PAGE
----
Djorde Matić


Sarr e roma - Sarayland

The guest who deserves a special mention is of course, Ljiljana Buttler, the veteran Gypsy diva who duets with Karahasanović in her own “Zvonija, zvonija”. Speaking of which; back in the eighties, in old Yugoslavia, Sarr e Roma were superstars, a band almost synonymous with a particular brand of Gypsy music. After a period of silence, the acoustic sextet, under the leadership of Karahasanović, the only remaining original member, reformed some time ago. This is their first international release, and with an album as good as this one, I can’t see them failing to win new audiences. But there might be yet another reason for that: after so many pitch-dark, heavy, moody records from the region, albums full of difficult personal stories, and with the ever-present collective history of the place always looming somewhere in the background, Sarr e Roma are bringing something else, something, both the music scene and the audiences are in a bad need of – a sense of fun, the fun of playing music, and of the good times their music never fails to put across.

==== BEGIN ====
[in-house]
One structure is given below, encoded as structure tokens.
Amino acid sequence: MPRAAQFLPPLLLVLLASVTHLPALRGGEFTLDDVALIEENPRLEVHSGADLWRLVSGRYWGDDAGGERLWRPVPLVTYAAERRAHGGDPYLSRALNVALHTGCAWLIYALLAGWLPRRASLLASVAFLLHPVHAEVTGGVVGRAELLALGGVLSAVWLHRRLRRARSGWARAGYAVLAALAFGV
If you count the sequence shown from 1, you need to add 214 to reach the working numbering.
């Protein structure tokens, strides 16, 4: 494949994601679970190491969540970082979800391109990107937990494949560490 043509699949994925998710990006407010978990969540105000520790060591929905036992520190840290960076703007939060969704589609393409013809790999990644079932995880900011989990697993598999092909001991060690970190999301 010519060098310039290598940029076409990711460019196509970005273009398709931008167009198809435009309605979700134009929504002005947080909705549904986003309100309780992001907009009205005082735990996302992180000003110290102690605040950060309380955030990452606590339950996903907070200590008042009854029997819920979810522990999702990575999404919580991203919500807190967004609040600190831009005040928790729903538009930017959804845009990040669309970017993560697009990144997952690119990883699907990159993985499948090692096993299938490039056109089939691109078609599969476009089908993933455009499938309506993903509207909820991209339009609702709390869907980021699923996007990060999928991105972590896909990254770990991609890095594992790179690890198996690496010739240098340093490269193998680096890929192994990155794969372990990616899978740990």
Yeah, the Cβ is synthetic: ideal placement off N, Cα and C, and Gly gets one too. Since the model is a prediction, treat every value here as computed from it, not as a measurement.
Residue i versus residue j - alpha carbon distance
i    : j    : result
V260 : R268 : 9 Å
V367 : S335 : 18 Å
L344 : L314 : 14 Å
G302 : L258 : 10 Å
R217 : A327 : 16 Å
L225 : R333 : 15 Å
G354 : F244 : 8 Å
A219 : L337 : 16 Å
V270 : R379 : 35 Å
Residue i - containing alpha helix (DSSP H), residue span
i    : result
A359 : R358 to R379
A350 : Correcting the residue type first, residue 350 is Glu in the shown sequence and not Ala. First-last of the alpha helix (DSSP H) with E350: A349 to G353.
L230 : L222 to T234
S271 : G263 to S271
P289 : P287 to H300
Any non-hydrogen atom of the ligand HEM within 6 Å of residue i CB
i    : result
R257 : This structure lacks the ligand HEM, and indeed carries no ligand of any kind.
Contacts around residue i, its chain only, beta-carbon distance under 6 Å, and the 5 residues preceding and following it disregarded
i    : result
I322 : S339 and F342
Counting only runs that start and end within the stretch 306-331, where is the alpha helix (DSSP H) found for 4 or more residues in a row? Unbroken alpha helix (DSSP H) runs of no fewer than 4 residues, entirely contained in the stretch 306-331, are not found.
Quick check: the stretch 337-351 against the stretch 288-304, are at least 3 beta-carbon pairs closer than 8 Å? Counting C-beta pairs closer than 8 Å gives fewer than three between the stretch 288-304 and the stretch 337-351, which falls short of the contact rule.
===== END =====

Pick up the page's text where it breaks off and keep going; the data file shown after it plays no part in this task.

The music has a light touch, it’s easy-going but never cheap, the band’s mileage is felt in every song and their delivery is effortless, yet there’s freshness and energy in abundance. There are no high concepts at work here, and still the music has a true depth and emotion; it can make you smile out of the sheer joy some of the faster songs and the musicianship radiate, and it can make you reflect and feel during the slower ones. It’ll certainly make you want to throw a party and dance. Above all, it’s – whisper it – romantic as very few records currently around. It’s music to fall in love to.

What more could we possibly ask for, these days?

Djorde Matić

Sarr e Roma are:

Amir Karahasanović – vocal and rhythm guitar

Nihad Voloder – solo guitar, electric guitar and electric bass

Nihad Krečo – piano

Vedran Čičak – berde bass, basprim

Muhamed Jusić – drums and percussion

Adnan Zimić – basprim and backing vocals

Guest musicians:

Suad Pašić – sax

Vanja Radoja – violin

Admir Djulančić – trombone

Aida Mušanović – backing vocals

Tjaja Mirando – cimbalom

Special Guest : Ljiljana Buttler

Produced by Dragi Šestić

Recorded in Sarajevo at “Studio Muzicke Produkcije RTV Bih”, June 2009

Studio engineers: Admir Djulančić and Denis Čabrić

Mixed by Milan Čirić and Dragi Sestic at “Sing-Sing” studio in Metslawier, Netherlands, July-September 2009

Mastered by Wim Bult at Inlinemastering , Netherlands, October 2009